My new pet peeve is when technology pundits that use the phrase (or a variation thereof), "designing for 1985" when talking about traditional mouse/keyboard input modalities. This is usually said as a derogatory comment to Microsoft, but also includes other companies that have not yet jumped headfirst into the latest fad of iPad computing (if you can call running applets on a multimedia presentation device "computing.")
I think touch screens a la cell phones and slate devices have their place and can be awesome, but just, for a minute, try imagining typing a long document on an iPad compared to basically any traditional computer setup. The very thought of it is tiring to me. I need a nap. My point is that mouse+kb has been successful for so long because when you know how to type (probably not many tech magazine writers know how without staring at the keyboard and pecking with their index fingers, unfortunately), the keyboard is incredibly fast for input. And for situations that you can't use the keyboard, the mouse is still faster than touch screens. With a mouse you can quickly jump from one part of the screen to the other and precisely zero in with just the smallest flick of your wrist. Touch screens require your arm and hand actually extend to each of the affected areas on the screen. When you have two or three monitors, having to touch for all direct-contact input with controls on the screen would actually be quite slow, even if it is satisfying in a "I feel like I'm on Star Trek" kind of way.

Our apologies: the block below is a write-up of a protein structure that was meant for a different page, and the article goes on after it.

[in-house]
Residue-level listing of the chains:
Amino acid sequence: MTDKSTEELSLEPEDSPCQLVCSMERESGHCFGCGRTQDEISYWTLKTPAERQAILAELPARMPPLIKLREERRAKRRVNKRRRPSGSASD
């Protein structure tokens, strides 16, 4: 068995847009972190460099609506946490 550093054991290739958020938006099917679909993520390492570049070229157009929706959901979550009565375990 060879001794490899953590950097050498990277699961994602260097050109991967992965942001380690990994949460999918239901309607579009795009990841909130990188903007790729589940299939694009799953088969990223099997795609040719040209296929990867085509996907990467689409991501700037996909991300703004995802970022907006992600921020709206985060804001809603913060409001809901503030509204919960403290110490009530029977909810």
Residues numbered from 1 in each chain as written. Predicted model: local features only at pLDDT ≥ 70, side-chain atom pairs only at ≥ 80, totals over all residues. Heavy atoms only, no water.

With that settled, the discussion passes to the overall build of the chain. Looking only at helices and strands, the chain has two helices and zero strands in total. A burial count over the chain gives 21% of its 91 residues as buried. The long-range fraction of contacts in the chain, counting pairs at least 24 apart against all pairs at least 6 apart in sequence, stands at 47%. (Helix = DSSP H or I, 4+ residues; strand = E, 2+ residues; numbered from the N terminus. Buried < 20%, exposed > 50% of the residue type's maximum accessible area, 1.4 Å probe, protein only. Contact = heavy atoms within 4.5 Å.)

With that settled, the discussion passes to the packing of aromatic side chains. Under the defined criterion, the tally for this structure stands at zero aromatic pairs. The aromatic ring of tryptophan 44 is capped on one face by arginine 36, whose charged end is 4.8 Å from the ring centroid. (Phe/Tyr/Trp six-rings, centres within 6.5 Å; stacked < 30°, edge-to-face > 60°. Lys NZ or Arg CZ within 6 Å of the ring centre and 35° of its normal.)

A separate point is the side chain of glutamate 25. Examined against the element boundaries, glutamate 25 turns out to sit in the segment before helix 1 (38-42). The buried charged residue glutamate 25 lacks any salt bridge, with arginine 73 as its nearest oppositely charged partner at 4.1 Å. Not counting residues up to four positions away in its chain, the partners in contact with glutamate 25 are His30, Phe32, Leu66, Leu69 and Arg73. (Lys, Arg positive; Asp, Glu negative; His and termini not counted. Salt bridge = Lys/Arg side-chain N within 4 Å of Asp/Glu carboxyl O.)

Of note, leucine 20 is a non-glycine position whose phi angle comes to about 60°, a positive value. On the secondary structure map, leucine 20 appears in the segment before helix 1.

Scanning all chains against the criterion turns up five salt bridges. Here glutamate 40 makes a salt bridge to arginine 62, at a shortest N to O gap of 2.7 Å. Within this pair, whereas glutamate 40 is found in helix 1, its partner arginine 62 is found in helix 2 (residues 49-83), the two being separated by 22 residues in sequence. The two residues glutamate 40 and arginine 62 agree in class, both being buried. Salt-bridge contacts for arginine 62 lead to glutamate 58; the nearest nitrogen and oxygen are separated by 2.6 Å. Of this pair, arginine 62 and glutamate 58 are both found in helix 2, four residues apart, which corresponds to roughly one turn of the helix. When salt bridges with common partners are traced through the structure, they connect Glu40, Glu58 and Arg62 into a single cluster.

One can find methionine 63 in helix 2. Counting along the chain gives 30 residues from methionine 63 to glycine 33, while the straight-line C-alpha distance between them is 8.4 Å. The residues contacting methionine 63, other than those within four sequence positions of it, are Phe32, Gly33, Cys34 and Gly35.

All that said, kb+mouse+touch is the ultimate win. You get the best of all possible worlds.
Which brings me back to the original article that sparked this rant. I completely disagree with the unimaginative Lenovo Technology Director. Windows 7 on a slate device sounds incredibly awesome. I would take that in a heartbeat over iOS, Android, or the other proprietary OSes. Apparently somebody hasn't gotten the memo about all the touch work that went into Windows 7. It does everything your precious, precious iPad does, plus it can actually run real productivity software.